This is Simon Romero, reporting from Chaco in Paraguay.
Jose Louis Casacsia is an environmental prosecutor and he’s on an impossible mission to save this forest. Chaco is one the most hostile places on earth, stifling temperatures, jaguars, a vast thorn forest repelled even the conquistadors. But now human enterprise is finally winning out against Chaco.
Ten percent of Chaco has been deforested in the last five years. Experts worry that the entire forest about the size of Poland could be erased in thirty years. Foreigners are buying and clearing huge tracks of land to build cattle farms. As a result Chaco’s indigenous population is left with little. The prosecutor and his team are following tips from neighboring Taiwanese land owner. Two planes, a three hour flight followed by a six hour drive. When they find clear roads with bulldozer marks, they know they’re getting close.
The officials enter the ranch and find a host of crimes, no permits, unlicensed equipment, unlicensed arms and illegally hunted wild life. This raid is a rare victory. Paraguay has only three prosecutors enforcing the entire country’s loose environmental laws. Those convicted usually draw only a small fine and jail time is unlikely.
Brazilian ranchers are prospering the most. So are Mennonites, German speaking evangelical Christians who moved here in the 1920’s.
Friesen: In the last 15 years the land prices have gone up, up to 200 and 300 percent and mostly for cattle breeding. And that would not be the case if the meat prices wouldn’t go up so much.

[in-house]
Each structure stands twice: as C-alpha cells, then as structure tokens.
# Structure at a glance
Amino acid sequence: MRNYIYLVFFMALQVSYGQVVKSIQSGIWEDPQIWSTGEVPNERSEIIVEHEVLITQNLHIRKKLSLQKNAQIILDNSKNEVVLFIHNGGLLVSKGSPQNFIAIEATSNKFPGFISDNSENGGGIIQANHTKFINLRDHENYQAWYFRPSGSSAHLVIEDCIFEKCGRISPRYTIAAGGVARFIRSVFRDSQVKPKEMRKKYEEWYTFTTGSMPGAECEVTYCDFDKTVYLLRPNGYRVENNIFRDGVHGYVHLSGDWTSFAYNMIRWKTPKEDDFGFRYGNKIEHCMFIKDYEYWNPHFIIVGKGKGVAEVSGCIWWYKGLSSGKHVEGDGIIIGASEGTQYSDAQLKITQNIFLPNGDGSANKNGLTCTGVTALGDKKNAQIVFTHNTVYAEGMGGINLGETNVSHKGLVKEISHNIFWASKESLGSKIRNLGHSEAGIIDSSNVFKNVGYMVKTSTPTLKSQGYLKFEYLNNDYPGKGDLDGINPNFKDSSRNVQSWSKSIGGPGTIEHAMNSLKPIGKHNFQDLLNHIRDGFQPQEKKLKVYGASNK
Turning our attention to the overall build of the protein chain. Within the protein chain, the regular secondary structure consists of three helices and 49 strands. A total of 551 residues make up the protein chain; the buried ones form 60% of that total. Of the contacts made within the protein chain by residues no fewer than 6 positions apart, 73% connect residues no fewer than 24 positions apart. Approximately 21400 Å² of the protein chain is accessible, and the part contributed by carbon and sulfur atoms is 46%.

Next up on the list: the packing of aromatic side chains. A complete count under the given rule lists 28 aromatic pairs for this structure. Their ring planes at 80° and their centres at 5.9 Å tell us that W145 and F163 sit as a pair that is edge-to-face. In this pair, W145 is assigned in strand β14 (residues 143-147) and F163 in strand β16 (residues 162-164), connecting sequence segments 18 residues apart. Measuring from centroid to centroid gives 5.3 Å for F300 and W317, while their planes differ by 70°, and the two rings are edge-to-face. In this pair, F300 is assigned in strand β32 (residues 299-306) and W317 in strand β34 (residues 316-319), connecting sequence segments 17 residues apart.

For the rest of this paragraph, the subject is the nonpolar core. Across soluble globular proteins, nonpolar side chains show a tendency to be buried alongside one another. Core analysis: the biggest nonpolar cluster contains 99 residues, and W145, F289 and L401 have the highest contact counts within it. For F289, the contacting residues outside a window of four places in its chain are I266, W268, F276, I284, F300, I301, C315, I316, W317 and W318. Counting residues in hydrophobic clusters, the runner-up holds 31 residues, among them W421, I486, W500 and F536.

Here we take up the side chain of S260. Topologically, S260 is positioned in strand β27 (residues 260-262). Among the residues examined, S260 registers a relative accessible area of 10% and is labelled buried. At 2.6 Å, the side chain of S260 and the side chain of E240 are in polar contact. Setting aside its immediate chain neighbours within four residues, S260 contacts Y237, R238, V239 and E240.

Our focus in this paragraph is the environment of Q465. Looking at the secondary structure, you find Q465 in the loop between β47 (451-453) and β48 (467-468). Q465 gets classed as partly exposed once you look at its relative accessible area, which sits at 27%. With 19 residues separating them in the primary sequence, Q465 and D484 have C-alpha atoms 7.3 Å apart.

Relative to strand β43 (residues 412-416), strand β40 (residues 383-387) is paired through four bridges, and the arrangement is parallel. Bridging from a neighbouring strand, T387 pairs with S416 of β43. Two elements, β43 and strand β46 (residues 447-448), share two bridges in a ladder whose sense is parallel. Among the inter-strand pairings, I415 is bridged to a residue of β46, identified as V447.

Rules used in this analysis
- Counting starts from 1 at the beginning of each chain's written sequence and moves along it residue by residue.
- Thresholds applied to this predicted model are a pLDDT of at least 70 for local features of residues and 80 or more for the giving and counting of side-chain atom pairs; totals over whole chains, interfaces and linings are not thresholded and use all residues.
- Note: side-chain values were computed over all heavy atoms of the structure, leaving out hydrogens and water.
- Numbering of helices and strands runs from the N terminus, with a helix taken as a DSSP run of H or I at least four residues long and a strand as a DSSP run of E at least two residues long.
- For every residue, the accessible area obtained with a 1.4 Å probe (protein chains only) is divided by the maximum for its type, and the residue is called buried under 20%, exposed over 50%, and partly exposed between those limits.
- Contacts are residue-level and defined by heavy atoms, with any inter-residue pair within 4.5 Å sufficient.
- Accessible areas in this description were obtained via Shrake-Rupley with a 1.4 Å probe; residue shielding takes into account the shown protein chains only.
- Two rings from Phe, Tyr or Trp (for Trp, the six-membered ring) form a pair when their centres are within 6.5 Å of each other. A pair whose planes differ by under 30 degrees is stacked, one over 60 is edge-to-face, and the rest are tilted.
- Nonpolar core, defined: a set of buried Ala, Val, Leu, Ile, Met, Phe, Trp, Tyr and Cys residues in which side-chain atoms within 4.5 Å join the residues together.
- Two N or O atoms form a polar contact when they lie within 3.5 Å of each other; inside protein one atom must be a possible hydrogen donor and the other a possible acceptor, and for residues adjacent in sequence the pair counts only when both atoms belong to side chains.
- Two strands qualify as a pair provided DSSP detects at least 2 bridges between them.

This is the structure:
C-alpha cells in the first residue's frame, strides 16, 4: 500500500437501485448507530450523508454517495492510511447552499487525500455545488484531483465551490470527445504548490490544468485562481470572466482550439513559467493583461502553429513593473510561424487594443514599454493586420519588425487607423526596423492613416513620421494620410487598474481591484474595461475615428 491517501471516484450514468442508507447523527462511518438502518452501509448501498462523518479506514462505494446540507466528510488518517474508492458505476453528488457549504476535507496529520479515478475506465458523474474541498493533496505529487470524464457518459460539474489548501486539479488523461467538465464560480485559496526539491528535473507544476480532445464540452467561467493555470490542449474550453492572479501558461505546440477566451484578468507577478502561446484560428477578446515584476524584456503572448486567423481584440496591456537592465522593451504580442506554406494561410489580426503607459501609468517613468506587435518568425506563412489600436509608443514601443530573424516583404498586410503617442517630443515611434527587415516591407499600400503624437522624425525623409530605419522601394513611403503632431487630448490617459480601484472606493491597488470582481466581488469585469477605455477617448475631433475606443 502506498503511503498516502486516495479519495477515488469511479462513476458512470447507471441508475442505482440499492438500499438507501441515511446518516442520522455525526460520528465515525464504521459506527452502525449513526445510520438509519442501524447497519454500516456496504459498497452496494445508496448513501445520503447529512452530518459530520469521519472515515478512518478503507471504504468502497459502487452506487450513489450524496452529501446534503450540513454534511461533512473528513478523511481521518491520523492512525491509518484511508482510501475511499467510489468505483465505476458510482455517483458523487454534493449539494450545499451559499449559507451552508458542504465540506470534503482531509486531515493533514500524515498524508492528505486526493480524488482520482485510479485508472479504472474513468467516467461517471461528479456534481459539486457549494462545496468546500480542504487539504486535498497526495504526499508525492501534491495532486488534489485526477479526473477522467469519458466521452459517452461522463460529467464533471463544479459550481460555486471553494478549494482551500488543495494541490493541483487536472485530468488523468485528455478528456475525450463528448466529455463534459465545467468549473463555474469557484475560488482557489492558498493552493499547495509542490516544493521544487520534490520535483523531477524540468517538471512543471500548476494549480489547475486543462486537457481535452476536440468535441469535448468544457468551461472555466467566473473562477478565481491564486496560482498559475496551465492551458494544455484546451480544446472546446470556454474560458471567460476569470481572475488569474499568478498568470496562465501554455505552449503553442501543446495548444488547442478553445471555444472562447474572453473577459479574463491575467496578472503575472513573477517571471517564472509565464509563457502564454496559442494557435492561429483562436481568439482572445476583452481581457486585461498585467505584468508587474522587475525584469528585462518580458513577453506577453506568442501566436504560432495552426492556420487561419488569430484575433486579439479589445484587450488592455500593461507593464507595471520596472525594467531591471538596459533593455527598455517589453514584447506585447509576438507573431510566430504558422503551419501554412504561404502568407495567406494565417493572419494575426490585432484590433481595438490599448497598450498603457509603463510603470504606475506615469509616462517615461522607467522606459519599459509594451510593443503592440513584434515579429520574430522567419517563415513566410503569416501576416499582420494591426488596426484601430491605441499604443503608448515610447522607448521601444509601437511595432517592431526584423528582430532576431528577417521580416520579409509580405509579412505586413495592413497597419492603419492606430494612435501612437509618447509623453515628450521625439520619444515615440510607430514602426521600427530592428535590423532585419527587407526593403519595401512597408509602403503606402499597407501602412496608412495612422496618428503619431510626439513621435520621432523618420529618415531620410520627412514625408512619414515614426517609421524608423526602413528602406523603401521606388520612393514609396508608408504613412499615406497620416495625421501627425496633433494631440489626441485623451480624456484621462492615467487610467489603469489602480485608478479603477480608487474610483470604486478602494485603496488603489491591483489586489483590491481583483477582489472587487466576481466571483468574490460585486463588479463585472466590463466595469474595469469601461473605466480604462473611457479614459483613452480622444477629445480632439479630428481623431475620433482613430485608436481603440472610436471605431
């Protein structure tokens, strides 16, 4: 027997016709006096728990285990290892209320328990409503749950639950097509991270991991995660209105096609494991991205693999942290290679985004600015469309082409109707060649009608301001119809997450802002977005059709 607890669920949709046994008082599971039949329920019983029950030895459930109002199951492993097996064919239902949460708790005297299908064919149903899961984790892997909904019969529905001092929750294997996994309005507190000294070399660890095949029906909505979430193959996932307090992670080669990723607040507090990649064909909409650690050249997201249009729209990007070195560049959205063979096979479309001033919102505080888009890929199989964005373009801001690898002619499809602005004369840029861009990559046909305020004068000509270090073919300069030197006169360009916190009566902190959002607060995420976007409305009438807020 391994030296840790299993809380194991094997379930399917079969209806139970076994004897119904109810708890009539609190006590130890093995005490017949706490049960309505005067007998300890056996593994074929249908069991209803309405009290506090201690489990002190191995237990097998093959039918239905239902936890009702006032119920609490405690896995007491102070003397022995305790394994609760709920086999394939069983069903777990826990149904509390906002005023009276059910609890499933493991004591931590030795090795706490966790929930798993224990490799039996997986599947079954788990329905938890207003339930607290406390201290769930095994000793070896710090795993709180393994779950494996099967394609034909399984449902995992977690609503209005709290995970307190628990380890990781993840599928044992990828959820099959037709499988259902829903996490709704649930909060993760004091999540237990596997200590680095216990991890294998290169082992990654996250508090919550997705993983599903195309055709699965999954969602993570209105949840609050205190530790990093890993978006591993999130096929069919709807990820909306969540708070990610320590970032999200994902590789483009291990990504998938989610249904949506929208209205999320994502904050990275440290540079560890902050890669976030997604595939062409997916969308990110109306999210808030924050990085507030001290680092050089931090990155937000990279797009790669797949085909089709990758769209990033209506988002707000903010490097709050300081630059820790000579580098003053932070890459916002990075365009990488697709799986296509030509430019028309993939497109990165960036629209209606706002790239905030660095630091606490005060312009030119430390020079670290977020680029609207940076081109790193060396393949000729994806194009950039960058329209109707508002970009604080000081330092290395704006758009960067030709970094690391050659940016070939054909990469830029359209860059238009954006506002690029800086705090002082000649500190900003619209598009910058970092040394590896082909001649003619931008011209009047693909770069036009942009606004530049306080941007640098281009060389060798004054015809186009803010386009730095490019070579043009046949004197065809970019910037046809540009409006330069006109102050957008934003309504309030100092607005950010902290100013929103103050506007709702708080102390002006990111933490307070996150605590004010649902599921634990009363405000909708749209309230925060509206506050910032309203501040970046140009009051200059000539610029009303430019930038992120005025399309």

New wealth is modernizing frontier towns. Filadelfia and nearby towns now have gas stations and car dealerships, even Brazilian banks and American beer. Along roads cut out of forest, timber trucks pass as often as currency. And it’s not just the environment that’s losing out. The land rush is disrupting the Chaco’s indigenous people like the Ayoreo.
In 2004 deforestation pushed Esoy and other Ayoreo out of the forest in contact with the outside world. He once shot arrows at the bulldozer he saw. He now wears a Brazilian soccer jersey.
Esoy: In the forest we always found armadillos, turtles, mountain hogs, and ant eaters. When we lived in the forest it was very quiet and we lived very well. But with nowhere to hunt and only miserable wages as ranch hands he and many in his tribe live in misery, stuck between two worlds.
Esoy worries about the members of his tribe still roaming the Chaco. They are South Americas last un-contacted tribe outside of the Amazon. But as the land rush continues largely unchecked, they too may be forced out of their forest.